iMDB Rating: 6.0
Date Released : 3 February 2000
Genre : Action, Adventure, Comedy, Fantasy, Sci-Fi
Stars : Andy Lau, Ekin Cheng, Nick Cheung, Wei Zhao. After a long absence, a master swordsman of royal blood, Yeh Cool-son, returns to the emperor's palace to challenge Snow, a reclusive master, to a dual on new year's eve. In the days before the dual, strange things happen in the palace, seen mostly through the eyes of Dragon 9, a leader of the guard who alternates between serious pursuit of duty and joking. His girlfriend, Jade, is a prostitute; ..." />
Movie Quality : BRrip
Format : MKV
Size : 700 MB
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After a long absence, a master swordsman of royal blood, Yeh Cool-son, returns to the emperor's palace to challenge Snow, a reclusive master, to a dual on new year's eve. In the days before the dual, strange things happen in the palace, seen mostly through the eyes of Dragon 9, a leader of the guard who alternates between serious pursuit of duty and joking. His girlfriend, Jade, is a prostitute; Princess Phoenix, the emperor's sister, has been his friend since childhood. There are murders in the palace, and evidence points to Snow, whom Dragon 9 believes is above suspicion. As the princess is attracted to Yeh and as the duel approaches, will Dragon 9 figure out what is going on?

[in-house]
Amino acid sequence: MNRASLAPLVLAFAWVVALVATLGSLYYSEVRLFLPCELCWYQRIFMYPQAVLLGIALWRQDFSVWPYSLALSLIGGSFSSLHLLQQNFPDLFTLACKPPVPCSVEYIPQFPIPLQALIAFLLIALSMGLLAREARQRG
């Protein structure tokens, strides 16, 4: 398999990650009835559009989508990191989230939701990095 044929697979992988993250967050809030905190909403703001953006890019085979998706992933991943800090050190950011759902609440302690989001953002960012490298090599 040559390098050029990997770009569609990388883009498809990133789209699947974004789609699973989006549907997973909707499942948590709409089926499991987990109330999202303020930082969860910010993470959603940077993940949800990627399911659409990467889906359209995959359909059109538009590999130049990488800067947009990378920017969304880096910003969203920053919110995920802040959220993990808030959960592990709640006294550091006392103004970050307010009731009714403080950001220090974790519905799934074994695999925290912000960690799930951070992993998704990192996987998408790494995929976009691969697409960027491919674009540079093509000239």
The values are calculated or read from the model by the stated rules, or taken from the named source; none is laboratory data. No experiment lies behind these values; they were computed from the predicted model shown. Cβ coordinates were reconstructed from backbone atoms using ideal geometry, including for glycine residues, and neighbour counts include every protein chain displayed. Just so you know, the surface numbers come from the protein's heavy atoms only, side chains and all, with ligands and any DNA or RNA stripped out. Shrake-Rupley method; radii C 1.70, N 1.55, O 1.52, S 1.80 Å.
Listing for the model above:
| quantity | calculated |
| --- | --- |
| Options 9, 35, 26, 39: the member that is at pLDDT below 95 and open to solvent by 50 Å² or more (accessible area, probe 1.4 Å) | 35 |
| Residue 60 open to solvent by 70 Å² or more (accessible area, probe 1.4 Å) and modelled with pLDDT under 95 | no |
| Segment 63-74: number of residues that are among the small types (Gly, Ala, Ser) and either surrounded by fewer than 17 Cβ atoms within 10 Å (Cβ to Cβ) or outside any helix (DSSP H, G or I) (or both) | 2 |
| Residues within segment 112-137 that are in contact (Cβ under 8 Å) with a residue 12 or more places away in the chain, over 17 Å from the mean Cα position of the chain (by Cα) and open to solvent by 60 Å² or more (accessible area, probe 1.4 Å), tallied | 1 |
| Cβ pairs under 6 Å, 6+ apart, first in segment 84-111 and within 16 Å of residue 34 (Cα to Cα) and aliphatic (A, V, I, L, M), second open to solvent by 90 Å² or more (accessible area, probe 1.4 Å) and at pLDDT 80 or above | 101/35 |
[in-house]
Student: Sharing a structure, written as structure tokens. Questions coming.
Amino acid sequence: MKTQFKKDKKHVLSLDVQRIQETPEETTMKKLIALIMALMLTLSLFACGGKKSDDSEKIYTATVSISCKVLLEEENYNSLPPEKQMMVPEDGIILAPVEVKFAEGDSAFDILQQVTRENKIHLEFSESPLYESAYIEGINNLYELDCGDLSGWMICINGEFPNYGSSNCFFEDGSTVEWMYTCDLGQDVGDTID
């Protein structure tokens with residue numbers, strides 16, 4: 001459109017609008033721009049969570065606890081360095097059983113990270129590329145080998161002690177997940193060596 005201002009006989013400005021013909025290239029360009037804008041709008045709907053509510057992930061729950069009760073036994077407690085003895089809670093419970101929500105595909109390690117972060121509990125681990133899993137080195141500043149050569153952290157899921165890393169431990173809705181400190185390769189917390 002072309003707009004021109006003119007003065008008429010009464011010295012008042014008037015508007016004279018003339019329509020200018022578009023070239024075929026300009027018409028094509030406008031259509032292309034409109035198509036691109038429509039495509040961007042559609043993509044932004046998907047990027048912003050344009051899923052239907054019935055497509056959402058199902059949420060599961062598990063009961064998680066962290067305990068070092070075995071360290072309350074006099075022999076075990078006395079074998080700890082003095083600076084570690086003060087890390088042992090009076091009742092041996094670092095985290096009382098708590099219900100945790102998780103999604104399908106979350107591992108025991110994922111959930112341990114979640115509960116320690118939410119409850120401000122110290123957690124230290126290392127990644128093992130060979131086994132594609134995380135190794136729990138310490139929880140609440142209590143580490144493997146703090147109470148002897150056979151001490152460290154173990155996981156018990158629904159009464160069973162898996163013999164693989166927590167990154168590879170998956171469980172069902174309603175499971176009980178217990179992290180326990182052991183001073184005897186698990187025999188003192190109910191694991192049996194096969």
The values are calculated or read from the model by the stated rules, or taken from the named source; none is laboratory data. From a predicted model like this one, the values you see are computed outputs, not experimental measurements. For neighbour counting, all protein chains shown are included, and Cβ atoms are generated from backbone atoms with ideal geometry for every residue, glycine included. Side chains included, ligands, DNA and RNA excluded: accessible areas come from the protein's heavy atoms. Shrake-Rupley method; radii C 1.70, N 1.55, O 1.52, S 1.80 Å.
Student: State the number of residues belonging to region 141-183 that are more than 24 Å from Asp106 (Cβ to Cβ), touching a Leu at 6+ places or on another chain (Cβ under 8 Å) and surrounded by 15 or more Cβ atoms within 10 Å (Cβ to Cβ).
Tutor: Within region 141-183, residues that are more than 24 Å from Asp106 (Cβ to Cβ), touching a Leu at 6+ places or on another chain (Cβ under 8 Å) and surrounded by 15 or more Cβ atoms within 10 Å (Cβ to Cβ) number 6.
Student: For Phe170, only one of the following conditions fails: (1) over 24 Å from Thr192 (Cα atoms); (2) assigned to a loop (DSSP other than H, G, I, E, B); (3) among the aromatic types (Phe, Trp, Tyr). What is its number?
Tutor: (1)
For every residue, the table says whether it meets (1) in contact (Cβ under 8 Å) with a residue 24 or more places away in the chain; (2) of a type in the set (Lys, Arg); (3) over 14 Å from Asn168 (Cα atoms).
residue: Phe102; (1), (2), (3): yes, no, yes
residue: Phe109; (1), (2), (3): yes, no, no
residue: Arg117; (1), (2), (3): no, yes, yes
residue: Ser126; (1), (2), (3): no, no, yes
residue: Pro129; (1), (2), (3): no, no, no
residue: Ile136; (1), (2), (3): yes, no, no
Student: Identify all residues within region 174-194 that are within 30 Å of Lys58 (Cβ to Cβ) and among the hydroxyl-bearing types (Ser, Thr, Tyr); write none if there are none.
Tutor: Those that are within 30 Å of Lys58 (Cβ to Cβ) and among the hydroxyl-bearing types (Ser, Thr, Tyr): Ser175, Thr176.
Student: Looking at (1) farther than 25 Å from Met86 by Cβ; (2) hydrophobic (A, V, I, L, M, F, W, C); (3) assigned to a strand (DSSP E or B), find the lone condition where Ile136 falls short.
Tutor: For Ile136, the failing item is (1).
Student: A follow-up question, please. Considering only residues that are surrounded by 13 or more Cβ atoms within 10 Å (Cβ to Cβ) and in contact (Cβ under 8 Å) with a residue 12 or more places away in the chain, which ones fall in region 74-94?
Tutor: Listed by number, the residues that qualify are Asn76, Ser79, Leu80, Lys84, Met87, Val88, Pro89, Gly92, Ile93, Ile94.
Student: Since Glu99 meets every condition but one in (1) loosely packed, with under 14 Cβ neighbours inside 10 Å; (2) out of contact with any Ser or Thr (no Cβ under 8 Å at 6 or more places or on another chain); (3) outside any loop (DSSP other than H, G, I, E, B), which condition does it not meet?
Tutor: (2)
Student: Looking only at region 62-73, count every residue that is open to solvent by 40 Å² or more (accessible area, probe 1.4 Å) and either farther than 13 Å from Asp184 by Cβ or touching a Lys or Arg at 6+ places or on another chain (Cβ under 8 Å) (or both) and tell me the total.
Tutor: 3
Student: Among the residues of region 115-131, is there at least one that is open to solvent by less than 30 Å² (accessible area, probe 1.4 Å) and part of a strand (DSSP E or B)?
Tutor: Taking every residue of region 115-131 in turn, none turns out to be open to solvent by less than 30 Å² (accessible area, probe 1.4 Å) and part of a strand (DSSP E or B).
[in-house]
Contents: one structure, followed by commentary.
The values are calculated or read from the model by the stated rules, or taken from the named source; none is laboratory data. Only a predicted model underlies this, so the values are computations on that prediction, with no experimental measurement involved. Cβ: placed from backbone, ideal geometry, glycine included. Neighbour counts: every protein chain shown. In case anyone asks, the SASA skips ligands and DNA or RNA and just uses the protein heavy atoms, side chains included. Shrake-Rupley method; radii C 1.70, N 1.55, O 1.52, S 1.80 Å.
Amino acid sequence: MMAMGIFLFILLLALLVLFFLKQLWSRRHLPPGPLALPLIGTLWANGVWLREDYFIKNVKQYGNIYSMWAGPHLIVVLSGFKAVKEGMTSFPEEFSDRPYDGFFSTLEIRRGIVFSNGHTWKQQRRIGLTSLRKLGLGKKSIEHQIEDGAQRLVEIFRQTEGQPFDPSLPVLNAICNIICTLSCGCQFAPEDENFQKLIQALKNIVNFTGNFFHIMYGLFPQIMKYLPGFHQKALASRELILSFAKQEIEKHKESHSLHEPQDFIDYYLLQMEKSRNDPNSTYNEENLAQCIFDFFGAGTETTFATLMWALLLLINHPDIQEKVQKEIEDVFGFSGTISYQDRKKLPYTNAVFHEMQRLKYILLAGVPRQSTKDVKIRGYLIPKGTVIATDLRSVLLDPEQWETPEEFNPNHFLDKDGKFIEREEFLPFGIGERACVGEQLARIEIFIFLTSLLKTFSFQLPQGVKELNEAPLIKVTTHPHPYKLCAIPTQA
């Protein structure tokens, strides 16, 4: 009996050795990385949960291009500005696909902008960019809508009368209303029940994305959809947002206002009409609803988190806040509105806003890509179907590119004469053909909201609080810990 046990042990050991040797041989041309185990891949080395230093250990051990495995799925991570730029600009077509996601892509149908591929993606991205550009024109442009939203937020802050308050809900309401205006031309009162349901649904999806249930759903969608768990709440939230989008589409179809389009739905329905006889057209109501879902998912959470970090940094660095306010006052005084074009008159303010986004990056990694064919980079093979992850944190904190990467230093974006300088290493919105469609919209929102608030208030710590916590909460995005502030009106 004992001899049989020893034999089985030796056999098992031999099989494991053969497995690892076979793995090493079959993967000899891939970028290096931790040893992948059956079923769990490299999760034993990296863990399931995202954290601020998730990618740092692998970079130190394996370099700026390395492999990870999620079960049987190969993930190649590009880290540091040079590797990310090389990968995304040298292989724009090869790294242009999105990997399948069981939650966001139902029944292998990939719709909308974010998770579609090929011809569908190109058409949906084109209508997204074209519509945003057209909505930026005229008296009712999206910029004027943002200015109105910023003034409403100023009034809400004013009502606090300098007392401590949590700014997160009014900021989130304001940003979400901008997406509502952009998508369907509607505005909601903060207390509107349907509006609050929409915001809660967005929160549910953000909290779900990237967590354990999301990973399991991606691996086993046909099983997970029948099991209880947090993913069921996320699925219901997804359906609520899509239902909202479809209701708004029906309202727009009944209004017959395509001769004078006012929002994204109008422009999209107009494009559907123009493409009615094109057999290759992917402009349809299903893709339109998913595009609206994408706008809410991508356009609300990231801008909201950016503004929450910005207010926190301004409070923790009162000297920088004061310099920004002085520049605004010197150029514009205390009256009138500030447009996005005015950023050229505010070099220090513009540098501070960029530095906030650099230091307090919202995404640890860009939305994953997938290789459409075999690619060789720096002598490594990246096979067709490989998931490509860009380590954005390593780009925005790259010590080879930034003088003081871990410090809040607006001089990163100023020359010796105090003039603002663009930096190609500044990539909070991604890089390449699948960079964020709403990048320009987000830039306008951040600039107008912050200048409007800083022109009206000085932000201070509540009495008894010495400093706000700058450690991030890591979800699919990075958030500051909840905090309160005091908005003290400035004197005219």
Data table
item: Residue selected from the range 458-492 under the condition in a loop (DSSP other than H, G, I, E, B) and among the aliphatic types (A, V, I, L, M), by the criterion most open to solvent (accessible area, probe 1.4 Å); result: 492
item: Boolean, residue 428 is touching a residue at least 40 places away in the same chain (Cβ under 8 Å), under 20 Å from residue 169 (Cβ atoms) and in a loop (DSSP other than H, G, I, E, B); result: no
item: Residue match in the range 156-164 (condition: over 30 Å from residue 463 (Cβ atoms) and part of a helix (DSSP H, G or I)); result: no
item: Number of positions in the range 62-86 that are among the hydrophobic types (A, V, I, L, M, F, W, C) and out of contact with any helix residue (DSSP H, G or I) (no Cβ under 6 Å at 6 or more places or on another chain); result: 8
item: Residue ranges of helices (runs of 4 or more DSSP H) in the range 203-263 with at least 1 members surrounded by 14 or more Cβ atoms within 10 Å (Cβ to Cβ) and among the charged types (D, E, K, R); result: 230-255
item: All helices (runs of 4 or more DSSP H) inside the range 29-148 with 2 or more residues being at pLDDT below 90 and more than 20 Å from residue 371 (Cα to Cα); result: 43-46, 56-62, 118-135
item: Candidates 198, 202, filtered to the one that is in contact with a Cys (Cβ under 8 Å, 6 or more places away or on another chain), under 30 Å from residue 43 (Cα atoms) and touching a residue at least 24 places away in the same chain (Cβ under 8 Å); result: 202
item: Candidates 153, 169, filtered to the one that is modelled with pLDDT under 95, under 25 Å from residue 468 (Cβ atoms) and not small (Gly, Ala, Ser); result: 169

Watch Kuet chin chi gam ji din Trailer :
A bit plain
There's actually a fair amount of energy in this film, but ultimately its part of a trend in Hong kong cinema for "enhancing" martial arts action with CGI. Its not new for fights to be manipulated in this way. Many stars are not fighters, and their combat is cunningly edited to convince us otherwise, or they perform gravity-defying feats thanks to wires and pulleys and other tricks. CGI takes the constructed nature of martial arts to a different zone, and for a while, its been interesting to see how the technology is incorporated into Hong Kong cinema (where its a recent addition to the technical arsenal). In the films of Andrew Lau (not to be confused with the film's star and all round heart-throb Andy Lau), the technology is used to create elemental effects, with all kinds of spectacular things happening with clouds, ice, water and snow. What is lost as a result is the sheer breathless excitement of watching two powerful warriors duke it out with fist, foot and blade. When the great swordsmen in "The Duel" finally face each other (and its a long time coming, especially since the showdown is disappointingly brief), they end up assaulting each other with... well, energy. A sword would have done the trick, but these guys would rather fight with lightning. OKay, this is all well and good - its based on a legend of a fight between the greatest swordsmen ever, so it must be made to look special. However, the film doesn't build up much suspense. We are not made to really care about who will win. Where the film scores highly are in the scenes between Vicki Zhao (Zhao Wei) and Nick Cheung. Zhao is particularly charming, and their interplay is the core of the film. The two warriors generally mope around for most of the film - Ekin Cheng is almost entirely absent from the screen for the first hour. CGI will be a great asset to Hong Kong directors once the novelty wears off - it can be used to create the image of superhuman characters doing amazing things, but the problem is that it often makes the same characters seem untouchable and inhuman.